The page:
A new program housed at the Matthew Gfeller Center in the UNC College of Arts and Sciences aims to help hundreds of veterans over the next decade who suffer from traumatic brain injuries as a result of their military service.
The Transforming Health and Resilience in Veterans (THRIVE) program, established by a $12.5 million gift from the Gary Sinise Foundation Avalon Network, will evaluate, diagnose and treat physical, cognitive and other health conditions in a monthlong care program for approximately 140 veterans per year over the next 10 years. Following a six-month building and pilot phase, the community-based program also will create a referral network and post-program follow-ups for as many as 400 veterans and family members every year. THRIVE planners say the program will be fully operational beginning in January.
More than 400,000 service members worldwide were diagnosed with traumatic brain injury over the past two decades, according to the Traumatic Brain Injury Center of Excellence. North Carolina and surrounding states are home to more than 2 million veterans and tens of thousands of active-duty service members. THRIVE will benefit from the close ties the Gfeller Center has established with the military community since the center’s inception as a leading institution for traumatic brain injury research, said Jason Mihalik ’09 (PhD), co-director of the Gfeller Center and THRIVE chief executive officer.
“Our decade-long military research partnership has afforded the Matthew Gfeller Center team a deeper appreciation for the sacrifices made by our nation’s service members and the lasting impact those experiences may have on their long-term neurological and psychological health,” said Mihalik, who will direct THRIVE’s efforts along with a team of UNC clinicians and researchers. “We are thankful for this tremendous partnership with the Gary Sinise Foundation Avalon Network to carry out the THRIVE Program’s clinical mission to benefit veterans and their families in an innovative clinical outreach program in the communities we serve.”
The THRIVE Program will build on the Gfeller Center’s research focusing on brain health initiatives and clinical trials in active-duty service members, primarily those in Special Operations Forces. These efforts have recently expanded to include Special Forces and conventional airborne soldiers.
Dr. Shawn Kane, an associate professor in UNC’s department of family medicine, will serve as THRIVE’s chief medical officer. Kane also served 27 years as an Army physician.
“It is important for us to leverage our expertise and health care resources to assist our veterans who may have developed long-term, complex physical and neurological health issues from combat-related exposures in service to our nation,” Kane said.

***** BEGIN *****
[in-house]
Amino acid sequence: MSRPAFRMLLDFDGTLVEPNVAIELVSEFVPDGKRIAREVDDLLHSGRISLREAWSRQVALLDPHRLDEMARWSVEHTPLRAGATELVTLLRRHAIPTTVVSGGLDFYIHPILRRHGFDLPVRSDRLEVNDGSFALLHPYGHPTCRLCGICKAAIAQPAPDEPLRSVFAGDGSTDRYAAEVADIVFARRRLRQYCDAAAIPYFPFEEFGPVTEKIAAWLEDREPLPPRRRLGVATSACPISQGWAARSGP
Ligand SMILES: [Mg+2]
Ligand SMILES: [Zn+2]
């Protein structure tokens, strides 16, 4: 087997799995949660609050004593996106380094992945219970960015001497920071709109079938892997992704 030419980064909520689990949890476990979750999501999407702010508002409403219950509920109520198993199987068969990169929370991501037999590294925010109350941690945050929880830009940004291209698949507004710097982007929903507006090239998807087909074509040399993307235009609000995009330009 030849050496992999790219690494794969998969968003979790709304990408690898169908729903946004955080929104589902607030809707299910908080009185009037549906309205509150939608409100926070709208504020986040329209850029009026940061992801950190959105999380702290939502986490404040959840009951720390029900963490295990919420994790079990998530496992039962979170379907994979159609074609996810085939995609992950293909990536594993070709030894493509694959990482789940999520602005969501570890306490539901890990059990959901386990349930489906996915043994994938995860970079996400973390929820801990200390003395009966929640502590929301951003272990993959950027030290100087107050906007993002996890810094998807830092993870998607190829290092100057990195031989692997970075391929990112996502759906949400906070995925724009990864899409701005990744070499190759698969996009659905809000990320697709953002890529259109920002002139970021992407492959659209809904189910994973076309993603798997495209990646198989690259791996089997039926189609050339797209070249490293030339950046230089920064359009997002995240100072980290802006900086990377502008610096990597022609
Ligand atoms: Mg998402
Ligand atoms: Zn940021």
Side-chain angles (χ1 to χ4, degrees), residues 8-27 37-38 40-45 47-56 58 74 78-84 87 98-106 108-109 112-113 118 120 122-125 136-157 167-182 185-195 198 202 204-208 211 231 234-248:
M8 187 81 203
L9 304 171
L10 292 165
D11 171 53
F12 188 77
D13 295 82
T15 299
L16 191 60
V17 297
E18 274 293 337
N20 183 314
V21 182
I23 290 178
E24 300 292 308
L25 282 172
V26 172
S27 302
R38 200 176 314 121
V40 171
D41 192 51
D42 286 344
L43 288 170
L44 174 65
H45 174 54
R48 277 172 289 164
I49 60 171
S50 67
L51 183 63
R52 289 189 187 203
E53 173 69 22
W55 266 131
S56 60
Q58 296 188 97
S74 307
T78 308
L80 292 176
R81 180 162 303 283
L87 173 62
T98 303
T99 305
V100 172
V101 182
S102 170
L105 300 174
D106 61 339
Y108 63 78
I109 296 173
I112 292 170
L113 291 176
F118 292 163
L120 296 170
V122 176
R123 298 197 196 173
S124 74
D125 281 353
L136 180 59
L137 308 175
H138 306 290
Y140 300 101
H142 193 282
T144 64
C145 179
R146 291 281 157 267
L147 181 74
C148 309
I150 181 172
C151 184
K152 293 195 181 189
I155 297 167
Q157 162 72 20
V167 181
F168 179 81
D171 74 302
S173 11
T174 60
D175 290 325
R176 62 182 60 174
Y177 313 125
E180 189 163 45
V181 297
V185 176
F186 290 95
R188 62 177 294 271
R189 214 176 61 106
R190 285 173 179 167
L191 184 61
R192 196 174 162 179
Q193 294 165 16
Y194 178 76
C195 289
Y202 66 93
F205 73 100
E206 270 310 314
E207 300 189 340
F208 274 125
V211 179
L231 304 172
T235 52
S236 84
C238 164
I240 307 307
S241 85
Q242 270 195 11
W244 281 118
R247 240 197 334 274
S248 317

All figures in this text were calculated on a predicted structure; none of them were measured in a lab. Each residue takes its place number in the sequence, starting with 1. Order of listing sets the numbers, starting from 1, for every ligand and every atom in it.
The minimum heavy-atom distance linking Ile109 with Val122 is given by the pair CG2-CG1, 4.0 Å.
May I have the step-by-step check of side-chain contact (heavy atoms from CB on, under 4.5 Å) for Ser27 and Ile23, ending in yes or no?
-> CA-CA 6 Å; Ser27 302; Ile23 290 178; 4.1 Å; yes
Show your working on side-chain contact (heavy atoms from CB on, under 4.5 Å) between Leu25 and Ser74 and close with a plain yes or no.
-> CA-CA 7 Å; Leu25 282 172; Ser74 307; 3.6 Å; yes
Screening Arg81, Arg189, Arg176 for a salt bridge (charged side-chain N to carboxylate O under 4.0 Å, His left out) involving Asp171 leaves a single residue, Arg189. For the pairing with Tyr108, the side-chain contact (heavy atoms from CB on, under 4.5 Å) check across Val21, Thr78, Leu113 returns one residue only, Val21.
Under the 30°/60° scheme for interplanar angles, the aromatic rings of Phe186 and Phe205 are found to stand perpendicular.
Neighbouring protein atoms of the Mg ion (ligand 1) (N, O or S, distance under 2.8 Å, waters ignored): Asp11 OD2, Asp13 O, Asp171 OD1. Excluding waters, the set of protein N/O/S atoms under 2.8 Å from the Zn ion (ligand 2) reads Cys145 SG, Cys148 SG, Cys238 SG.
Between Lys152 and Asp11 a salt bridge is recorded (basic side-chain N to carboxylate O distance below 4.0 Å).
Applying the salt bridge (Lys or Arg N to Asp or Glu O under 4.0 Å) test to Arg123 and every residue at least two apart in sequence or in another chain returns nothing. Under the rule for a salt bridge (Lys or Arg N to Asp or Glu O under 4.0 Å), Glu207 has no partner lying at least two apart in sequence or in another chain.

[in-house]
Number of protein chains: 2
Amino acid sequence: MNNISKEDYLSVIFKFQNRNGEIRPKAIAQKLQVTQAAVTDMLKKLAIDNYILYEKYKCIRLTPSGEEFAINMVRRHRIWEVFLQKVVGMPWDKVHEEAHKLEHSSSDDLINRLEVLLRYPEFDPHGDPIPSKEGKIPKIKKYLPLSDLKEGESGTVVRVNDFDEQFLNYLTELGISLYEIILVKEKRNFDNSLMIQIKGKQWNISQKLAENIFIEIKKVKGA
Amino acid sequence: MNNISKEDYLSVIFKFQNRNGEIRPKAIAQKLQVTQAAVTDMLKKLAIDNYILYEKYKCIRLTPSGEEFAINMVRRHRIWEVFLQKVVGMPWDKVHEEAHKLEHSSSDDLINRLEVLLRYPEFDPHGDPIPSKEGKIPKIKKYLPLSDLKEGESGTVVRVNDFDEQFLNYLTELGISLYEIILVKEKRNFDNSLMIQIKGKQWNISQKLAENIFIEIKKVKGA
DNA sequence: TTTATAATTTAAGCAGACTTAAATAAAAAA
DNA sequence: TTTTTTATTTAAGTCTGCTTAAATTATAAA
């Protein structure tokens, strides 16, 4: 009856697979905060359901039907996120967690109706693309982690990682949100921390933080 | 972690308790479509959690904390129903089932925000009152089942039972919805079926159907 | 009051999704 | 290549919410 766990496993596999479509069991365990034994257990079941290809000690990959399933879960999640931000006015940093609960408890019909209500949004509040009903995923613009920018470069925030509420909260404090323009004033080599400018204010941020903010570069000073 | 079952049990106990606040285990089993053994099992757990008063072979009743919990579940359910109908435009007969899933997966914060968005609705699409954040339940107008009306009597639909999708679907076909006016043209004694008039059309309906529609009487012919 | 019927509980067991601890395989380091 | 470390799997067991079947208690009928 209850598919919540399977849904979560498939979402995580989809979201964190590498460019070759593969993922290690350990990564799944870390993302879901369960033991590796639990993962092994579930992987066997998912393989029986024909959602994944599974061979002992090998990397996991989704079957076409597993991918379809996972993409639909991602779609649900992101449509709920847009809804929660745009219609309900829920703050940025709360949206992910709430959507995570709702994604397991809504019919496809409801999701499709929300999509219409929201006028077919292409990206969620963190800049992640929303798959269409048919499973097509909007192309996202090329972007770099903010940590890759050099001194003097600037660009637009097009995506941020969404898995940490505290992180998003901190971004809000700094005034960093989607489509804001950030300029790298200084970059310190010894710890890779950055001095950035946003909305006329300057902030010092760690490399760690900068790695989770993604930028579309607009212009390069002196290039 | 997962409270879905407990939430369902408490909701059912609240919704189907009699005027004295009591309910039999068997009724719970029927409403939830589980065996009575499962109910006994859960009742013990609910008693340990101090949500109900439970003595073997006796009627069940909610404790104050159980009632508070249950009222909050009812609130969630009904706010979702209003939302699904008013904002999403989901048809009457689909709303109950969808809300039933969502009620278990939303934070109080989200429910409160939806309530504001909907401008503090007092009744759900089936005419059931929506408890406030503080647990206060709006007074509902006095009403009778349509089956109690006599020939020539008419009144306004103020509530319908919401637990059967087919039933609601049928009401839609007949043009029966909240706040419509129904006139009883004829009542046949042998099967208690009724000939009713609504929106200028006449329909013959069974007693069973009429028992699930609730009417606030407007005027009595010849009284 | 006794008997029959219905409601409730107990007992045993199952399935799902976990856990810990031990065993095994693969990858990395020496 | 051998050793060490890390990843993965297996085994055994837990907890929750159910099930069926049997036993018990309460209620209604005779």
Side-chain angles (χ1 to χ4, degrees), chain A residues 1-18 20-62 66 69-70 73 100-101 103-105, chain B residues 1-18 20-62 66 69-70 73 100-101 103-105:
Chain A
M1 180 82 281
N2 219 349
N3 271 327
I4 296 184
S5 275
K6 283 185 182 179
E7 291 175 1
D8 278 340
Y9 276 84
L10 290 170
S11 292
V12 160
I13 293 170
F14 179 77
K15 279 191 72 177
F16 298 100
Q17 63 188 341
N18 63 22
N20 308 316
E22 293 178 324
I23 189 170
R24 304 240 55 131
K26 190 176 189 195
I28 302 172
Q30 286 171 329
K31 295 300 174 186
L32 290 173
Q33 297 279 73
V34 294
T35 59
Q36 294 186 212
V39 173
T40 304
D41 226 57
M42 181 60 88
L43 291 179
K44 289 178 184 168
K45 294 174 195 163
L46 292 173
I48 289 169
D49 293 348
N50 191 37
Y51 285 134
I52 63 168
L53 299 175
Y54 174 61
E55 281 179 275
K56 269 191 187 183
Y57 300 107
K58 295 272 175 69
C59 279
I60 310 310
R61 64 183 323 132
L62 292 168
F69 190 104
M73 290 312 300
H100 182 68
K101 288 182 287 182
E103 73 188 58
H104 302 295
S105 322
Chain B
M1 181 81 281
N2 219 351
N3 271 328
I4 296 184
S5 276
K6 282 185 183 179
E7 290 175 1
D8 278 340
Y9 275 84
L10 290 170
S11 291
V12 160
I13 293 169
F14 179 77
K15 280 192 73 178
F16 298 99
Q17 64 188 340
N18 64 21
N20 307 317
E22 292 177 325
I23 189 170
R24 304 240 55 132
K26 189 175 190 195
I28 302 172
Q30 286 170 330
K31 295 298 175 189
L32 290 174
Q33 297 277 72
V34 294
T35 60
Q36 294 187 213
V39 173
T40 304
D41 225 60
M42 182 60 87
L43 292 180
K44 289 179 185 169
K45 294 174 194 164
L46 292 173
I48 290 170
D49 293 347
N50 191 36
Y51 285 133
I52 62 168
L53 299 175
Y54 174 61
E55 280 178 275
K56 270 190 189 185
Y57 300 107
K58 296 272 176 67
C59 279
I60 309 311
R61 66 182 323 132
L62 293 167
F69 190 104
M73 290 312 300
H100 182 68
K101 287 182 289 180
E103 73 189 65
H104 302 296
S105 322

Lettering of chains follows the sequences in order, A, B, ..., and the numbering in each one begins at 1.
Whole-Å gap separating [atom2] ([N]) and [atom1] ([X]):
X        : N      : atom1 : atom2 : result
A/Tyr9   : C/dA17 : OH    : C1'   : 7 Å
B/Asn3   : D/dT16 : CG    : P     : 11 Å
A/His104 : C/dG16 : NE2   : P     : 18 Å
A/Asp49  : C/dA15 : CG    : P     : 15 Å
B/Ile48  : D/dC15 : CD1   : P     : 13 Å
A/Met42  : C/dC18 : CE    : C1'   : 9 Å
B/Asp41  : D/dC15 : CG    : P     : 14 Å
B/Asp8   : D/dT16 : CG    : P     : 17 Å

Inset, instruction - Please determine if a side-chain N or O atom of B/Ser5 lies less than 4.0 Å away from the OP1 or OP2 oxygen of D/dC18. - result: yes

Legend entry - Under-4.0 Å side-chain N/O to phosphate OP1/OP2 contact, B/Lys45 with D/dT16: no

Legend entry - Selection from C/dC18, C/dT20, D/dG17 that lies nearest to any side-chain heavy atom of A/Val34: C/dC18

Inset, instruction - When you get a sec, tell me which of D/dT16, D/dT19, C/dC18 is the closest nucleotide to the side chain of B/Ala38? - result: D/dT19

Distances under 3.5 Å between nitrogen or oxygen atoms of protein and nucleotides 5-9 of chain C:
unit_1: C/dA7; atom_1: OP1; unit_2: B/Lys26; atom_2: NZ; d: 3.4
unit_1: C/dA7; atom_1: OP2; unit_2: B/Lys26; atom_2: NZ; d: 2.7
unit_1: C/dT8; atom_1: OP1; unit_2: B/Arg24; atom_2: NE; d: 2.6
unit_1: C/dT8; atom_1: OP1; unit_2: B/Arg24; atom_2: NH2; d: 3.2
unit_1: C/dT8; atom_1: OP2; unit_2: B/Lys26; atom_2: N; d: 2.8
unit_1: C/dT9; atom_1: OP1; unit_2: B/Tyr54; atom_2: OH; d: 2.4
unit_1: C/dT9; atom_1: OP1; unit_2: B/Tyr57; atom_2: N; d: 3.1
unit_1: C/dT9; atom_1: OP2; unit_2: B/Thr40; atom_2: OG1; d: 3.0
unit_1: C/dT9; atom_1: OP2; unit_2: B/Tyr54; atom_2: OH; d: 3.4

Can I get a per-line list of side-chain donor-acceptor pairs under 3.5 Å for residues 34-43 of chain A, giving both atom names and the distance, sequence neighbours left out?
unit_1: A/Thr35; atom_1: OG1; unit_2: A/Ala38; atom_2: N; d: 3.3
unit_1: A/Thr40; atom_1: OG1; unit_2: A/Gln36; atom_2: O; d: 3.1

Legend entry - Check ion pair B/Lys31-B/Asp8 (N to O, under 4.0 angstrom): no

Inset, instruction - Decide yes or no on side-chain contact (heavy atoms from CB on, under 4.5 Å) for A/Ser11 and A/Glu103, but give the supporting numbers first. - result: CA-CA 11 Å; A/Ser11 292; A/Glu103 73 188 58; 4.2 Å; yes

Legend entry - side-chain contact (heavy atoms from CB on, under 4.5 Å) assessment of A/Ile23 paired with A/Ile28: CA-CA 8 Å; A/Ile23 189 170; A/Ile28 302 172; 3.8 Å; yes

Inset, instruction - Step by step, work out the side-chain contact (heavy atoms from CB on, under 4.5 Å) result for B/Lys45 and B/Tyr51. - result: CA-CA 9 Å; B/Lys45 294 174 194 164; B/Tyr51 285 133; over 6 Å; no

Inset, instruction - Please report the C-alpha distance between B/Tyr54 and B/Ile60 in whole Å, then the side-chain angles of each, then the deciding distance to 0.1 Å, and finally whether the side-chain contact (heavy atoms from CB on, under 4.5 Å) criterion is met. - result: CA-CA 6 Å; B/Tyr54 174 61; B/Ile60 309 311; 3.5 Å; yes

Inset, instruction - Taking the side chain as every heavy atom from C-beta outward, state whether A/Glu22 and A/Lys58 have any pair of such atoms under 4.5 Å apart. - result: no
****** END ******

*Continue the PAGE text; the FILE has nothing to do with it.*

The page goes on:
Following a pre-visit clinical intake process, veterans will undergo a multidisciplinary wellness examination. Housing will be provided to those who qualify for the program. A team of physicians, neuropsychologists, athletic trainers, physical therapists, social workers and counselors will create and implement a care plan for each veteran.
The program will provide participants with assistance in completing a treatment plan and connecting them with a follow-up treatment plan closer to where they live after finishing the core monthlong intervention. THRIVE Program managers will check in with participants at least four times in the year following completion of the THRIVE Program: at the one-month, three-month, six-month and one-year marks.
“The THRIVE Program is an important example of our culture of collaboration and how we are addressing the health care needs in North Carolina both in research and clinical operations,” said Chancellor Kevin Guskiewicz, who also is a concussion researcher and founding director of the Matthew Gfeller Center. “Carolina’s commitment to service, particularly in supporting our military veterans, is foundational, and we must find new and innovative ways to meet the needs of the people of our state and beyond.”
The Gary Sinise Foundation Avalon Network is a cognitive health and mental wellness network providing transformative care to veterans and first responders experiencing symptoms of post-traumatic stress, traumatic brain injuries and substance abuse. The network helps “heal the invisible wounds afflicting our veterans, first responders and their families, transforming struggle into strength, and lifelong post-traumatic growth.”
“There are many overlapping symptoms between traumatic brain injury and post-traumatic stress that make diagnosis and treatment incredibly difficult,” said Dr. James Kelly of the Gary Sinise Foundation Avalon Network. “All too often, veterans receive inadequate or incomplete care that does not address the true cause of their pain. We are thrilled to partner with UNC’s Matthew Gfeller Center to help heal the invisible wounds afflicting our veterans.”
Participants in THRIVE will be treated regardless of insurance coverage, ability to pay or discharge status due to traumatic brain injury or psychological health conditions. Veterans who want to learn more can email firstname.lastname@example.org or apply for care on the Gary Sinise Foundation Avalon Network website.